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The Cutting Edge
Volume XXVIII, Number 3, July 2021
News and Notes | Leaps and Bounds
| Germane Literature | Season's Pick | Annotate your copy | Global Range Extensions
APOCYNACEAE. Manual contributor Mario Blanco (USJ) somehow happened to detect a minor error pertaining to this family, although it has nothing to do with the family treatment itself, and in no way reflects poorly on the authors of same. The error is in the volume index, where the genus name Fernaldia was either omitted or, at some point, accidentally deleted (the latter seems more likely). In any case, the name is MIA, in the spot where it should be, which is 100% the fault of your editors. Pencil it in, if you so desire, on p. 891 of Manual Vol. 4(1), two notches below the genus name Ferdinanda, between the epithets eminens and brachypharynx (only the former belongs to Ferndinanda, while the latter belongs to Fernaldia, together with pandurata and speciosissima). We could have proof-read this index 1000 times without ever noticing something like this!
DROSERACEAE. Manual correspondent Rafael Acuña (CR) has informed us of an unsettling development involving the sp. treated as “Drosera sp. A” in the Manual Droseraceae account (2010) by the late Jorge Gómez-Laurito. The sole record for this entity, Gómez 25914 (from ca. 750 m elevation in the Valle de Coto Brus), had originally been determined as Drosera capillaris Poir., but was later found to differ from that sp. in certain critical features. Hoping to resolve the identity of this mystery plant, Rafael contacted Andreas Fleischmann, Curator of Dicotyledons at M and a specialist on Drosera. Based on illustrations supplied by Rafael, as well as seeds sent previously by well-known herpetologist (and carnivorous-plant enthusiast) Brian Kubicki (who had obtained plants from the original collector), Fleischmann provided a confident determination: Drosera tokaiensis (Komiya & C. Shibata) T. Nakam. & K. Ueda (also sometimes known as D. spatulata Labill. subsp. tokaiensis Komiya & C. Shibata), a Japanese sp. (perhaps of hybrid origin) that “is widely cultivated worldwide…, but thus far has not been reported naturalized from Central America” (quoting here from Fleischmann’s e-mail to Rafael date 22 June 2021). Fleischmann goes on to state that he “can exclude with certainty that it is a native Latin American species.” These revelations pose a dilemma for Costa Rican floristics. Assuming Fleischmann’s identification to be correct, we can imagine three possible scenarios, the most charitable being that a widely commercialized Asian sp. somehow managed to escape and become naturalized in a remote vernal pool in southwestern Costa Rica. Indeed, the existence of such a population can scarcely be doubted, because it was described in moderate detail (as consisting of “unas 30 plantas,” and with associated genera enumerated) in the original report [see The Cutting Edge 7(2): 7, Apr. 2000]. That same report also mentioned “Una cepa viva, en cultivo, en el Jardín Botánico R. & C. Wilson, Las Cruces, Coto Brus, Nº. 96.006,” which leads us to our second possible scenario: some sort of mixup at Las Cruces, where plants from the wild Costa Rican population were in cultivation, perhaps alongside specimens of exotic Drosera spp., including (at least) D. tokaiensis. This hypothesis requires that Gómez 25914 was prepared from cultivated plants, not in the field, and that the collector simply erred in his selection of material (or perhaps some labels had gotten switched). We shudder to contemplate the third possible scenario: that the entire record was deliberately fabricated, and there never was a wild population of any Drosera sp. in the Valle de Coto Brus. Unfortunately, no one has succeeded in relocating the population in question (which cuts both ways), and both of the principals (Gómez-Laurito and Luis Diego Gómez) have passed on, so we may never be any the wiser on that score. And of course, there is a fourth scenario: that Fleischmann’s identification is incorrect. We will leave it to our readers to decide how their Manual copies should be annotated!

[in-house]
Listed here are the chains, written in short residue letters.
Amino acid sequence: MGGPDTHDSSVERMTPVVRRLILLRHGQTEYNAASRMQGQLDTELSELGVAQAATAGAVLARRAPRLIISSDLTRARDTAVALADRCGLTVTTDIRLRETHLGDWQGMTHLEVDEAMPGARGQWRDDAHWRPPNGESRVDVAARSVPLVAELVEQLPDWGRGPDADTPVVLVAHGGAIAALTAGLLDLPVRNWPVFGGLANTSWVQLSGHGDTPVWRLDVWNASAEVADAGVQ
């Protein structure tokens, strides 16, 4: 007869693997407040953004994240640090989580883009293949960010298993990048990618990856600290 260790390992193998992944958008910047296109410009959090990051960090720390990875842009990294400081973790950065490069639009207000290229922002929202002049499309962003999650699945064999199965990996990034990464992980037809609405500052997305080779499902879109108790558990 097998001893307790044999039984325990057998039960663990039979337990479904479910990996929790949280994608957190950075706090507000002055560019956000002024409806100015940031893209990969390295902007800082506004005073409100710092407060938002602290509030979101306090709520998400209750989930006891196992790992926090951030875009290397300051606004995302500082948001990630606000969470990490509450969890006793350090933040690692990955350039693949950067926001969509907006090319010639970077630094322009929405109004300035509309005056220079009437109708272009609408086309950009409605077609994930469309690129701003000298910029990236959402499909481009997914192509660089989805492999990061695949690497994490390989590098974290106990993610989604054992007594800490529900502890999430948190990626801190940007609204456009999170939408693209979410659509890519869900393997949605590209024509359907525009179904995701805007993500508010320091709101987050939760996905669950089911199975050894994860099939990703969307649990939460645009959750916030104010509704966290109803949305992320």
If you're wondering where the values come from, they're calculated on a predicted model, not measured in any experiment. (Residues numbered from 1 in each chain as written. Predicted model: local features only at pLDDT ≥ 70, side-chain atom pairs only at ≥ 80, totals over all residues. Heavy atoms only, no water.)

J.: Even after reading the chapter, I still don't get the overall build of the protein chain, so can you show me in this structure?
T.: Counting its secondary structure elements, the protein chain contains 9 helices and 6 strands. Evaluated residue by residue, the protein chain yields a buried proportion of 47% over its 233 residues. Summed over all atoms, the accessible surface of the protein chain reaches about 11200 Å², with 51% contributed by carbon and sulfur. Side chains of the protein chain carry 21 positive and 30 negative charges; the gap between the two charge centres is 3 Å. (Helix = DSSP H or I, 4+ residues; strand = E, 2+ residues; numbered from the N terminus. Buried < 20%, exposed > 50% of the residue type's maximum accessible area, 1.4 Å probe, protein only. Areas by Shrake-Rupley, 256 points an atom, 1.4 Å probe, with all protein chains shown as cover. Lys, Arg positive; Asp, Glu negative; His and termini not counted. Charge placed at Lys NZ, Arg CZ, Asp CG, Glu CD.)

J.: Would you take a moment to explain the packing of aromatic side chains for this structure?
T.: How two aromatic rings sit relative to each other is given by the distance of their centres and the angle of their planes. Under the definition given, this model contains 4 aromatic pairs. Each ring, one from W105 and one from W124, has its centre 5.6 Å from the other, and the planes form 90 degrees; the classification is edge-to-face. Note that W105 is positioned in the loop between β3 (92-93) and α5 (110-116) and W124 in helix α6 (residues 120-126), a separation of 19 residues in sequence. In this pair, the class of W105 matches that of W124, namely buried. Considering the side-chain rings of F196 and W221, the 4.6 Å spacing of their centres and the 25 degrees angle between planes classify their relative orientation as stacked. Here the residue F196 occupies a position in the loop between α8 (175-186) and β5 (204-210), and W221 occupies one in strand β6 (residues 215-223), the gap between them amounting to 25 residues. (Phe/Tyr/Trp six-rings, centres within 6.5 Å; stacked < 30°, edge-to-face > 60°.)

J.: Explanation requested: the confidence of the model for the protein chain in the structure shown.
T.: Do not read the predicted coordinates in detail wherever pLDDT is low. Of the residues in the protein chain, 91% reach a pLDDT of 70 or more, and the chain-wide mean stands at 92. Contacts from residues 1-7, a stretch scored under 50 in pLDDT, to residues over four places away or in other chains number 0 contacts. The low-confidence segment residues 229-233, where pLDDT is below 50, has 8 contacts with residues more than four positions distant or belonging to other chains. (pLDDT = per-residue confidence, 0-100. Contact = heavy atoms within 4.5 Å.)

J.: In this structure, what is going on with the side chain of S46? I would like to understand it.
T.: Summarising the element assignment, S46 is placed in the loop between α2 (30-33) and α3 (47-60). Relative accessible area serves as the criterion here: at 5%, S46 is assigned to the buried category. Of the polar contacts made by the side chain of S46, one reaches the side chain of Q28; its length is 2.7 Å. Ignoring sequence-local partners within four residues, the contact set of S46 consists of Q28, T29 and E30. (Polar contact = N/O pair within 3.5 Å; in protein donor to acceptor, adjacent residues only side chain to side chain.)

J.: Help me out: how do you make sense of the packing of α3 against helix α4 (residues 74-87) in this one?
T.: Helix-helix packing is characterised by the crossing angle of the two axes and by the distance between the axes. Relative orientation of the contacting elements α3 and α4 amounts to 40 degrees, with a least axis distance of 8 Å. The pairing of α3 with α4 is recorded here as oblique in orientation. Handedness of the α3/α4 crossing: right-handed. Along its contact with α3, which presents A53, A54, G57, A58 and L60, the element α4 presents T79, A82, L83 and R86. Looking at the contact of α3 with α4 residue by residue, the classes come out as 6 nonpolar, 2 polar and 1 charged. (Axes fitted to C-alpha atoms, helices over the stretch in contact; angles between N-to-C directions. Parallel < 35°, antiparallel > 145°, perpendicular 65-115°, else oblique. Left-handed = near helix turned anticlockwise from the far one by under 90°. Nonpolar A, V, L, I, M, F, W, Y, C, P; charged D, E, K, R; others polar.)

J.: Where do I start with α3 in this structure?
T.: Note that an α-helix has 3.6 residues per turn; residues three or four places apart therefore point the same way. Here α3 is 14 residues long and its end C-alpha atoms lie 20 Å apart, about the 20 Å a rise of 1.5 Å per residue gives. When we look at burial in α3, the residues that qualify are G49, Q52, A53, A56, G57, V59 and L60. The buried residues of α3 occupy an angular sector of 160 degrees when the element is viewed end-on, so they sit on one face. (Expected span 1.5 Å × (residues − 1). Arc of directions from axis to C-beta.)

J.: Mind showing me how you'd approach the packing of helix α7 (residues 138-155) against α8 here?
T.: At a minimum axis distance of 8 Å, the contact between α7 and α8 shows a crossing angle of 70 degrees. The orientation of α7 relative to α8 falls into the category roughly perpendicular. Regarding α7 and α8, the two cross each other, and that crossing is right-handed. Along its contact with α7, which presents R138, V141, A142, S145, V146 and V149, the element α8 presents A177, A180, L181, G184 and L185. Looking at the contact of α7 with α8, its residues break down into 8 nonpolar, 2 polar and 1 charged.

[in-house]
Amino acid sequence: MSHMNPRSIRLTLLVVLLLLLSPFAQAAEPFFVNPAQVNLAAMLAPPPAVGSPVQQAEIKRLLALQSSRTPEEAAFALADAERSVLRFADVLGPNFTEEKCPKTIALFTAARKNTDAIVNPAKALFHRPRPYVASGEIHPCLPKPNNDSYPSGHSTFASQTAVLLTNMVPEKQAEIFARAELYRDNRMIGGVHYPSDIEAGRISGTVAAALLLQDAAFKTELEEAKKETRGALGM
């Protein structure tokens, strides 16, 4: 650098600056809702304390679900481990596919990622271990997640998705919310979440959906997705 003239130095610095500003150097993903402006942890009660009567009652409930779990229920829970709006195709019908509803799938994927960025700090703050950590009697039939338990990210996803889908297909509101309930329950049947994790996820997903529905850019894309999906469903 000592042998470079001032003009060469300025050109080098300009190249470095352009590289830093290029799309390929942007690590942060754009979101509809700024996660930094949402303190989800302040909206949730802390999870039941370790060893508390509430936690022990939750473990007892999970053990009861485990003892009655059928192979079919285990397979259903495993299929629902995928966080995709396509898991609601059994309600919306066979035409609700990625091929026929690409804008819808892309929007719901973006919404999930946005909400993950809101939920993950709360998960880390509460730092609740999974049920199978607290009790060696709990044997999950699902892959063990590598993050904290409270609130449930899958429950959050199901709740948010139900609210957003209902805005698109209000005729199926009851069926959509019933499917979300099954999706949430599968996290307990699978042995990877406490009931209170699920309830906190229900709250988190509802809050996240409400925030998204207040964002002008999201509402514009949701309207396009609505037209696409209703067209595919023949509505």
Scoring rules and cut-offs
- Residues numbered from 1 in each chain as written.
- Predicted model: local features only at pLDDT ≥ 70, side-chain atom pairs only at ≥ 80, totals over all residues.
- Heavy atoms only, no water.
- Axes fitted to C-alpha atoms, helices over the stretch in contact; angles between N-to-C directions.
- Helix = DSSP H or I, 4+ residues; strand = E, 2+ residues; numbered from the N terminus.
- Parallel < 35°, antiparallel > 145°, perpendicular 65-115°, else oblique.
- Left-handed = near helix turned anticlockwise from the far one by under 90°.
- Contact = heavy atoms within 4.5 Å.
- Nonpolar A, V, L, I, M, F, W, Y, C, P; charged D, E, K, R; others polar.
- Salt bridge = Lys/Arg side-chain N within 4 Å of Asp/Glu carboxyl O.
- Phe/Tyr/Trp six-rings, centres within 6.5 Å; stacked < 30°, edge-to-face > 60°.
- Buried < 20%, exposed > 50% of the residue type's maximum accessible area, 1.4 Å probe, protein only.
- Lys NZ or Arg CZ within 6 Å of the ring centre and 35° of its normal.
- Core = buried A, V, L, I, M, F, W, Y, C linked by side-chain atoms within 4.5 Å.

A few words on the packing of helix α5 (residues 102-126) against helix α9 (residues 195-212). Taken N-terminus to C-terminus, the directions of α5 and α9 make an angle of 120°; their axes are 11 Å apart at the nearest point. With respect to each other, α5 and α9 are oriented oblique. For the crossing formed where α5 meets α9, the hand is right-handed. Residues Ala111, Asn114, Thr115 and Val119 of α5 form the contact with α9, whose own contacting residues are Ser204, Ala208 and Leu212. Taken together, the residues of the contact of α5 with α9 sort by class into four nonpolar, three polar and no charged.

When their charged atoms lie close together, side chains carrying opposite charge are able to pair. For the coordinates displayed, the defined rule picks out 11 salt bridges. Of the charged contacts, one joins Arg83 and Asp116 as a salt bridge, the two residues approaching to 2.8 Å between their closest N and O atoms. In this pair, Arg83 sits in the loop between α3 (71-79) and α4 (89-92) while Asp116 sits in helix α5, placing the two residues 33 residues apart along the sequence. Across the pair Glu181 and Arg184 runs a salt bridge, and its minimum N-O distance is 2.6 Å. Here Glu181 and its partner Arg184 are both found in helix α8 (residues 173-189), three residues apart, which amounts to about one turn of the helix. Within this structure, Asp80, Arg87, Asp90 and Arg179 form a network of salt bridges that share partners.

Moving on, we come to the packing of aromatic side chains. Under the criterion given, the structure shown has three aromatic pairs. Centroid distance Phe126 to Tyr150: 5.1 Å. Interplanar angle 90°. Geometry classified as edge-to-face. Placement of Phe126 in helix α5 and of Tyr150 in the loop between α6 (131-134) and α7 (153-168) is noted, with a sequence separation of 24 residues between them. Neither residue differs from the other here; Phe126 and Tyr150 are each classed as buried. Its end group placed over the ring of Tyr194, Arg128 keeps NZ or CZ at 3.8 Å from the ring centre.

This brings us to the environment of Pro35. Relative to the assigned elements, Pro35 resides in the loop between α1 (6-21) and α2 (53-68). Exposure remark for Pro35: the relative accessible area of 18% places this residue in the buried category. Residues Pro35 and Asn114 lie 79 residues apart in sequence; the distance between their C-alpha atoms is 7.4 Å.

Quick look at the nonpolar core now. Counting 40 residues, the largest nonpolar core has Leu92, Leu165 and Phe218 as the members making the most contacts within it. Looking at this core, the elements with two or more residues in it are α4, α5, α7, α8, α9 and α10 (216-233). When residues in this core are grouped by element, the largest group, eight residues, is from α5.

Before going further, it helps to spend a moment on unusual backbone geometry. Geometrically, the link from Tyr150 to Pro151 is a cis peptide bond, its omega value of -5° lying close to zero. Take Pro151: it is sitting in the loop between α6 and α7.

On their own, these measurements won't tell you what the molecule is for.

Postscript: in recent correspondence, Brian Kubicki has informed us that the Las Cruces Drosera (plants he obtained from Luis Diego Gómez many years ago) continues to "grow like a weed" in his greenhouse. Indeed, it was Brian who supplied the lead photo, depicting this same material, for the Manual Droseraceae treatment; therefore, according to Andreas Fleischmann's determination, a Japanese sp. was illustrated in a Costa Rican flora! Twice, most likely, because the drawing of "Drosera sp. A" in the Manual—the same one that was published in the original report (cited above)—must also depict D. tokaiensis.
MORACEAE. Manual co-PI Nelson Zamora has nailed the first Costa Rican collection (Zamora 10849) of Morus celtidifolia Kunth with masculine inflorescences. This turned up in a small population (one of the few Costa Rican ones of this sp.) along the Río Poza Salada in Parque Nacional Santa Rosa. Nelson also collected a specimen with somewhat immature feminine inflorescences (Zamora 10850), and upon comparing that with JSTOR images of the Ecuadorian type (also pistillate), concluded that Costa Rican material is a better match for the type than Mexican material. However, the leaves of the Costa Rican plants are cordate or subcordate at the base, vs. truncate to rounded or obtuse in both Mexican specimens and the type. Noting that M. celtidifolia has (according to TROPICOS) 17 supposed synonyms, Nelson suggests the possibility that two or more spp. may be involved.